Archbishop's Palace of Paris

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Archbishop's Palace of Paris
  • Palais de l'Archevêché de Paris
  • Palais Archiépiscopal
  • Eveche.Paris.png
    The Palace in the Middle Ages
    General information
    LocationSouth of Notre Dame de Paris, Paris, France
    Coordinates48°51′09″N 2°20′59″E / 48.852572°N 2.349591°E / 48.852572; 2.349591Coordinates: 48°51′09″N 2°20′59″E / 48.852572°N 2.349591°E / 48.852572; 2.349591
    Construction started1161
    Renovated1697
    Destroyed13 February 1831
    OwnerArchdiocese of Paris

    The Archbishop's Palace of Paris (French: Palais de l'Archevêché de Paris or the Palais Archiépiscopal) was the residence of the Archbishop of Paris, located just south of the Notre Dame de Paris.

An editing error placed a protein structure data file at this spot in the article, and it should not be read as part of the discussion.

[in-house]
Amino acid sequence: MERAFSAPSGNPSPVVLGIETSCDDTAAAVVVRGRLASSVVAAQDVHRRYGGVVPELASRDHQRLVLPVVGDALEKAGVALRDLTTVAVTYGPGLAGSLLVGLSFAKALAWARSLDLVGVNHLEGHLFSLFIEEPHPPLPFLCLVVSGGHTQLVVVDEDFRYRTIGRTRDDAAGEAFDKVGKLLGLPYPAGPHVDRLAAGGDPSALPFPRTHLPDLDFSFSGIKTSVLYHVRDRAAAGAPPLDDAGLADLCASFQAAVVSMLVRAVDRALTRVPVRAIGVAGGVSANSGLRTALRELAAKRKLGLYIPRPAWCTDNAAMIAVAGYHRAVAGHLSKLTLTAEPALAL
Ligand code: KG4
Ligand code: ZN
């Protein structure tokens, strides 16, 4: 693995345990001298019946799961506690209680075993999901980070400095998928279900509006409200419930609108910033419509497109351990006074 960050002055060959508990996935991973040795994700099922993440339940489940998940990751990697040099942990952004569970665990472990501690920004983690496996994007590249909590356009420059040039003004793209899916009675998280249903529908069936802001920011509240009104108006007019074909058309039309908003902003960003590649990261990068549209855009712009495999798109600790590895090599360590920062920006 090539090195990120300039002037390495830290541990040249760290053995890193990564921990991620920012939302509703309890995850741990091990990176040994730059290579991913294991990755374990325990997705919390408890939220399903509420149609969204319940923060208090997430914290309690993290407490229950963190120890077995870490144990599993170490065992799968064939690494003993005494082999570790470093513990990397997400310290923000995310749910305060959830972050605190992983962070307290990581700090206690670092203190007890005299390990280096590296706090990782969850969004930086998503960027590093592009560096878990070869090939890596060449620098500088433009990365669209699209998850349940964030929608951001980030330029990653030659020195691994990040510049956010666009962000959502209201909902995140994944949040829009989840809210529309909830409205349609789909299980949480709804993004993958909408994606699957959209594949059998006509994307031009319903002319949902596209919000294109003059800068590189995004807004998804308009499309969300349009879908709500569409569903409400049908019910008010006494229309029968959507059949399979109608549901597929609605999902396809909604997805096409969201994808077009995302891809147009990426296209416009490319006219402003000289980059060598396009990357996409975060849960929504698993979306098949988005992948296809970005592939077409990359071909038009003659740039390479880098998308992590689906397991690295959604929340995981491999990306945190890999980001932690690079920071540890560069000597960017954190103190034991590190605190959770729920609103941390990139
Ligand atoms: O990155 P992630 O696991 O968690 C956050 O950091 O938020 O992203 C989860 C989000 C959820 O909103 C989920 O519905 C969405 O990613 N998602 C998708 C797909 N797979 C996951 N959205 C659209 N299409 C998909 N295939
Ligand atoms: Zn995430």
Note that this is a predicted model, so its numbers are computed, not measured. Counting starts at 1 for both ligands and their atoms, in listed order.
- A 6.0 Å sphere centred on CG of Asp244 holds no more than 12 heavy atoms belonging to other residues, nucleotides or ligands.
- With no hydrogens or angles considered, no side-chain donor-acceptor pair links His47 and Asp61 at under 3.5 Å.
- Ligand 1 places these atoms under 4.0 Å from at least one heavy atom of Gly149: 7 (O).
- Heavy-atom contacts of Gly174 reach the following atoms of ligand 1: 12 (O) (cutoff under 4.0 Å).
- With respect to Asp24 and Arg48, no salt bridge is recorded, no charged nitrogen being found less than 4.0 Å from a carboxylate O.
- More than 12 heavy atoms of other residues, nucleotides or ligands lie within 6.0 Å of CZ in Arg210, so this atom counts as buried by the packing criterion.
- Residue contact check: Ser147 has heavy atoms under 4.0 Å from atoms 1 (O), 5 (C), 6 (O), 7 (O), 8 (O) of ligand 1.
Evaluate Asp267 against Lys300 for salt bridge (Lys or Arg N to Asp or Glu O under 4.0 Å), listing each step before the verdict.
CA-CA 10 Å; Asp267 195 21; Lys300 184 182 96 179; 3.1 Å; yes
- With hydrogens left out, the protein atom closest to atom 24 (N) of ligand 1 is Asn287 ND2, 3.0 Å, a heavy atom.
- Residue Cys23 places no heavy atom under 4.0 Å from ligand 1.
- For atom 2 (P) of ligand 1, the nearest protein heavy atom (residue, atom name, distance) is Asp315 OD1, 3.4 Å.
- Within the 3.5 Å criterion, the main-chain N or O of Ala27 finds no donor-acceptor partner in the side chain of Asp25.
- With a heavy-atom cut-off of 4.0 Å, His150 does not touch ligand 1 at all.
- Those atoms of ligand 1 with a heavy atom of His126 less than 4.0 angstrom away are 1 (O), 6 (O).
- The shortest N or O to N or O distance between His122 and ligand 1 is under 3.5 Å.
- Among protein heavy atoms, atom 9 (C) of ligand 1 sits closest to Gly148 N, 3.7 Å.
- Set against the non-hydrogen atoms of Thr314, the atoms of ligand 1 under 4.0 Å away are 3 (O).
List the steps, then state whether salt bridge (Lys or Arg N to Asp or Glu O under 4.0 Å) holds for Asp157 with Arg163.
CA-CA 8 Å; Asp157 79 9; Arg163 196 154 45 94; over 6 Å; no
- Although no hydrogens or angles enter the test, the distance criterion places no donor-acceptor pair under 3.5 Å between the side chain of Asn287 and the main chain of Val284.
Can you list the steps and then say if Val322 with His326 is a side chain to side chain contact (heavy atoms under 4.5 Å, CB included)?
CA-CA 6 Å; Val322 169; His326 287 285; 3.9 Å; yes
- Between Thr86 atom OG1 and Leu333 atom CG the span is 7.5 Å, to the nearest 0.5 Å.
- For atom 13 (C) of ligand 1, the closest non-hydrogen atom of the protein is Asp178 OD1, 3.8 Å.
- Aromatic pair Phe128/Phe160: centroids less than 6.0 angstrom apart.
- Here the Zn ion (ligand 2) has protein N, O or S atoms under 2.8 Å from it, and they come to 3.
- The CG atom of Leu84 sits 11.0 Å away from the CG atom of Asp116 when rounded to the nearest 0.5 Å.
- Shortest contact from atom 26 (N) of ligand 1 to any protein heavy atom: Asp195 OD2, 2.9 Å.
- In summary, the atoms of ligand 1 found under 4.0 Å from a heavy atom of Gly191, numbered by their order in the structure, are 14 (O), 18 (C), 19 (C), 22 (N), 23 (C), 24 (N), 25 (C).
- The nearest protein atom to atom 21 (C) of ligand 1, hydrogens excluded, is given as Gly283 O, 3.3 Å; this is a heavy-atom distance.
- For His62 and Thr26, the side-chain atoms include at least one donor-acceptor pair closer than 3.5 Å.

It was built in 1161 and destroyed in 1831.

    History[edit]

    It began as the bishop's residence for Maurice de Sully in 1161. The bishopric was elevated to an archbishopric in 1622, and in 1697 the palace was entirely rebuilt by Cardinal de Noailles, except for the chapel, which was still existed in 1830. During the French Revolution of 1789, the Constituent Assembly held meetings in it. Afterwards it was inhabited by the chief surgeon of the city's main hospital, the Hôtel Dieu. The chapel, the oldest structure in the complex, became an amphitheatre of anatomy. In 1802 it was restored to the clergy, and Cardinal de Belloy took up residence in it.[1] The palace was destroyed by a revolutionary mob on 13 February 1831.[2]

    Project of Viollet-le-Duc[edit]

    In 1859, during the period of the Second French Empire, the architect Eugène Viollet-le-Duc drew up plans for the construction of a new palace on the northeast side of the cathedral, but they were never carried out.

    Notes[edit]

    1. ^ Galignani 1830.
    2. ^ Galignani 1853.

    Bibliography[edit]